I do intervals on a recumbent bike: warm up, then alternate 1 minute high resistance, 1 min low, 10x (total of 20min) then cool down. On the high intensity I go to about 90% of max HR (closer to 100% on the final intervals). I cut back on my exercise if I feel unwell, with dizziness or weakness.

I don't think there is research yet on interval training for POTS, and I would always advise to listen to your body. I speculate that taking my HR up and down in such a controlled way helps me a bit more, beyond what the Levine program was doing.

Link to comment
Share on other sites

Thanks for all the of the replies guys. There's a lot of good advice in this thread and some good anecdotes.

Volo - that's very interesting about interval training. I may need to try that. Right now I do 7-8 miles each session on the recumbent bike... so around 30 miles a week. Of those, I do about 21/35 minutes of it on a higher resistance, but I don't constantly switch back and forth from high resistance to low resistance. I get my heart rate up to 160, sometimes 165 bpm - and no matter how hard I try I can't get it above that recumbent biking (of course just standing in place can easily get it to 140s :) )... Keep me posted on how your interval training progresses.

I used to be an avid tennis player and used to do a lot of elliptical too, maybe one day I'll play tennis again!

Link to comment
Share on other sites

This topic has always confused me. I was in top physical condition when POTS hit hard for me. I exercised everyday almost and did everything from aerobics to circuit weight training to treadmills, cycling, lifting weights....everything. Since I became worse I cant even begin to exercise, I feel terrible. Short of breath, light headed, and end up being sick for days afterwards. I certainly cannot leave the home to even go to a gym, driving is out of the question, I blackout constantly behind the wheel. So if exercising is supposed to help, how can people like me do it? It's one thing my doctor always mentioned (doing exercise) but truly I have tried and it is impossible.

Link to comment
Share on other sites

Dave, doctors and patients are still exploring the relationship between exercise and POTS. Most people seem to at leSt agree that moving around (if you can)) can help with POTS. It also takes time and the right kind of meds. Many with POTS have exercise intolerance. Drs want to encourage you to push thru some of the pain, and get on your feet, and get your blood pumping a little. I think something like 30 mins 3-4 times a week would be a huge accomplishment for many.

You may want read posts on the medically suggested protocols, which are considered controversial/aggressive. It sounds like you are exceeding the protocols, and doesn't seem you need to do anything more; you may even feel better if you give your body more recovery time.

Link to comment
Share on other sites

I was never fitter than when my pots symptoms became very obvious. Now my exercise regime is very hit and miss. I have gotten very little exercise this past year because where I'm living means walking has to be my main form of exercise and I'm finding walking any reasonable difference will bring on migraine at high levels. In a week's time I move back to a suburb that is right near the water and I'll be swimming once I've recovered from the move - sigh. I am hoping this will work out.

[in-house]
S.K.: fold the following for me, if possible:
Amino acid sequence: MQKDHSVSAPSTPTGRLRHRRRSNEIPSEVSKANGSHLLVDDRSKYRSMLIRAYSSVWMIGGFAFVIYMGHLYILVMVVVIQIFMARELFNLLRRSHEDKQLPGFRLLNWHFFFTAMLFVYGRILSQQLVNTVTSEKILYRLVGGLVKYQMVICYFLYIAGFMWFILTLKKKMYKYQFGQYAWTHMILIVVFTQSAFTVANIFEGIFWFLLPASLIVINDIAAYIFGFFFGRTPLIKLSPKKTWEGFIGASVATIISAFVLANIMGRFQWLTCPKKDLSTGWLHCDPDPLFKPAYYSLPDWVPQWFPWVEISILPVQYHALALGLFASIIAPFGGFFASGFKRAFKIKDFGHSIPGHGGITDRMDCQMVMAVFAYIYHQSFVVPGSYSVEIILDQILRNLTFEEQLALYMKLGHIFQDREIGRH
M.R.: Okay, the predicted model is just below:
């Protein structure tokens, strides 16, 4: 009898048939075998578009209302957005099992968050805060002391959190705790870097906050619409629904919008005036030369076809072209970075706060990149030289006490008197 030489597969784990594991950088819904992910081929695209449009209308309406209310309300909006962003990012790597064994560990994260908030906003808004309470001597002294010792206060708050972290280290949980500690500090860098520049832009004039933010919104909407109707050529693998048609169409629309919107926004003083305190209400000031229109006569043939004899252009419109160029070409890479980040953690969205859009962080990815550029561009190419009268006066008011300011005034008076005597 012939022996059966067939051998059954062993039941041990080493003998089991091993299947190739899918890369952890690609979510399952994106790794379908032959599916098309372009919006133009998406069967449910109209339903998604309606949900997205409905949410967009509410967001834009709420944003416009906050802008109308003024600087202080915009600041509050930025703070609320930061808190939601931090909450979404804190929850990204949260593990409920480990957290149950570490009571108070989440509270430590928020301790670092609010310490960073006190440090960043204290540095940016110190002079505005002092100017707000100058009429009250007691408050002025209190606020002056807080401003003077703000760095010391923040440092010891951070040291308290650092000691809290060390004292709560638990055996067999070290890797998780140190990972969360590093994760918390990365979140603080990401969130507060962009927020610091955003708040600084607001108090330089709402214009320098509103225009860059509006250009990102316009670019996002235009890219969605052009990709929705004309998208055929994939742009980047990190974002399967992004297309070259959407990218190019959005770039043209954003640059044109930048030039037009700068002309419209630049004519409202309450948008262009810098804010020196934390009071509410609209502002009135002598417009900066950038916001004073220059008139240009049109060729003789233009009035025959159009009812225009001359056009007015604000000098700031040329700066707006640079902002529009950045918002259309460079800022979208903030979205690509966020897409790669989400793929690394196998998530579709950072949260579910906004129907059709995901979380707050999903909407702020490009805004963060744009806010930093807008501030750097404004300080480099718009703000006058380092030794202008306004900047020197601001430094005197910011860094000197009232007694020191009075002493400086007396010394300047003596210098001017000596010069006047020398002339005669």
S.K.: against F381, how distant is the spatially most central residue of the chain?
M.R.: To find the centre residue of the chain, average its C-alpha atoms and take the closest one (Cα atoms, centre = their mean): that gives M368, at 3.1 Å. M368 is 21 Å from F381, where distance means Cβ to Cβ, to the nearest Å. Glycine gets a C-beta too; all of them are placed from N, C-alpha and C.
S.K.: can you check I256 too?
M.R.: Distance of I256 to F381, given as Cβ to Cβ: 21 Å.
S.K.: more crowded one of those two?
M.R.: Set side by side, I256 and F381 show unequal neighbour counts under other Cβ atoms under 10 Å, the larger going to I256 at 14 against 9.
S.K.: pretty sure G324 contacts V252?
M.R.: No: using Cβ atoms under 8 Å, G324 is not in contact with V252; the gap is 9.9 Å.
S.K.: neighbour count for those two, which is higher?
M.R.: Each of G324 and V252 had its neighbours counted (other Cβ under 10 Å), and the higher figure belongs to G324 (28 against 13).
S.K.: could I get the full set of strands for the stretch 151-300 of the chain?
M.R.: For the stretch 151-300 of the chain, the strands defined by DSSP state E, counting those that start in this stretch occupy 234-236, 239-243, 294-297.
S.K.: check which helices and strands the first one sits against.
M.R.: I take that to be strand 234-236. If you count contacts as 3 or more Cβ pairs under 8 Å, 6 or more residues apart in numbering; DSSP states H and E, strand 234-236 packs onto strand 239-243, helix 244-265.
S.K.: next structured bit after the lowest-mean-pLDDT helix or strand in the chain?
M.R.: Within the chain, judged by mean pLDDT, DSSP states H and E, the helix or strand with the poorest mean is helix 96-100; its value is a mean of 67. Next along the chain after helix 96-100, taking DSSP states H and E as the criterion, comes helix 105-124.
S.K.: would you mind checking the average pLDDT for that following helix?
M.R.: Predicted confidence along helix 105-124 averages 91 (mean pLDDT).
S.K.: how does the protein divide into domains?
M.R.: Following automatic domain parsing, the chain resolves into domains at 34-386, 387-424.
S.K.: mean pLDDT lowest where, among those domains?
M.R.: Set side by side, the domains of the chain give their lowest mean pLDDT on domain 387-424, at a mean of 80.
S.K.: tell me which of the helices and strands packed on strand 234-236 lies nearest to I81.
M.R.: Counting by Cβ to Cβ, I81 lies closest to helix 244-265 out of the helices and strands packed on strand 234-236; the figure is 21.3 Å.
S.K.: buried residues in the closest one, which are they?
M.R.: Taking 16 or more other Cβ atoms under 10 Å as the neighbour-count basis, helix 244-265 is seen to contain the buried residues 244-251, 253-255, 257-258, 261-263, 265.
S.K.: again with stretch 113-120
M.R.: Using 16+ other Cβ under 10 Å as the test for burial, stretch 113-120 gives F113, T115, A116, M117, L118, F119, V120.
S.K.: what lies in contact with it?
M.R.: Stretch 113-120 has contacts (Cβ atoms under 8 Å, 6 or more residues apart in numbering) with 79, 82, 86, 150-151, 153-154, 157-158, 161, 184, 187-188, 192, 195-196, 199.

Swimming, since pots has factored big in my life, has been the best exercise. It's vertical, it's cool, and the water has compression qualities. Once I've built up my swimming over a month or two I start to concentrate on kicking hard -- seeing how high I can kick the water amuses me and also exercises my leg muscles big time which helps, I think. Because I'm allergic to chlorine I can only swim at the beach so it's a bit of a chore to swim according to the tides but I need mid tide or higher for the water to be cool enough and clean enough. (I'm in Sydney, Australia and we have had summer weather for the past month and more and it's not summer officially under dec. Ist.

Once I went for a swim with a migraine and the cool water stopped the migraine. Miraculous. I drink 3/4 of litre of water before I get in the water, sometimes I stop for a drink during my swim and then drink another 3/4 litres of water as soon as I'm finished -- that's when I'm swimming my 1km to 2kms each swim. It takes me about a month and a half, usually, to build up to that distance. Apparently you sweat when you swim only you don't know it so it's important to remember hydration.

I'm so hoping that this summer will be bearable (if I have to I'll set up a tent on the beach to stay cool). Last summer was so hot living away from the coast with no airconditioning. I got sicker and never got back to pre-summer wellness levels even when winter arrived.

blue

Link to comment
Share on other sites

Join the conversation

You can post now and register later. If you have an account, sign in now to post with your account.

Guest
Reply to this topic...

×   Pasted as rich text.   Paste as plain text instead

  Only 75 emoji are allowed.

×   Your link has been automatically embedded.   Display as a link instead

×   Your previous content has been restored.   Clear editor

×   You cannot paste images directly. Upload or insert images from URL.

 Share

×
×
  • Create New...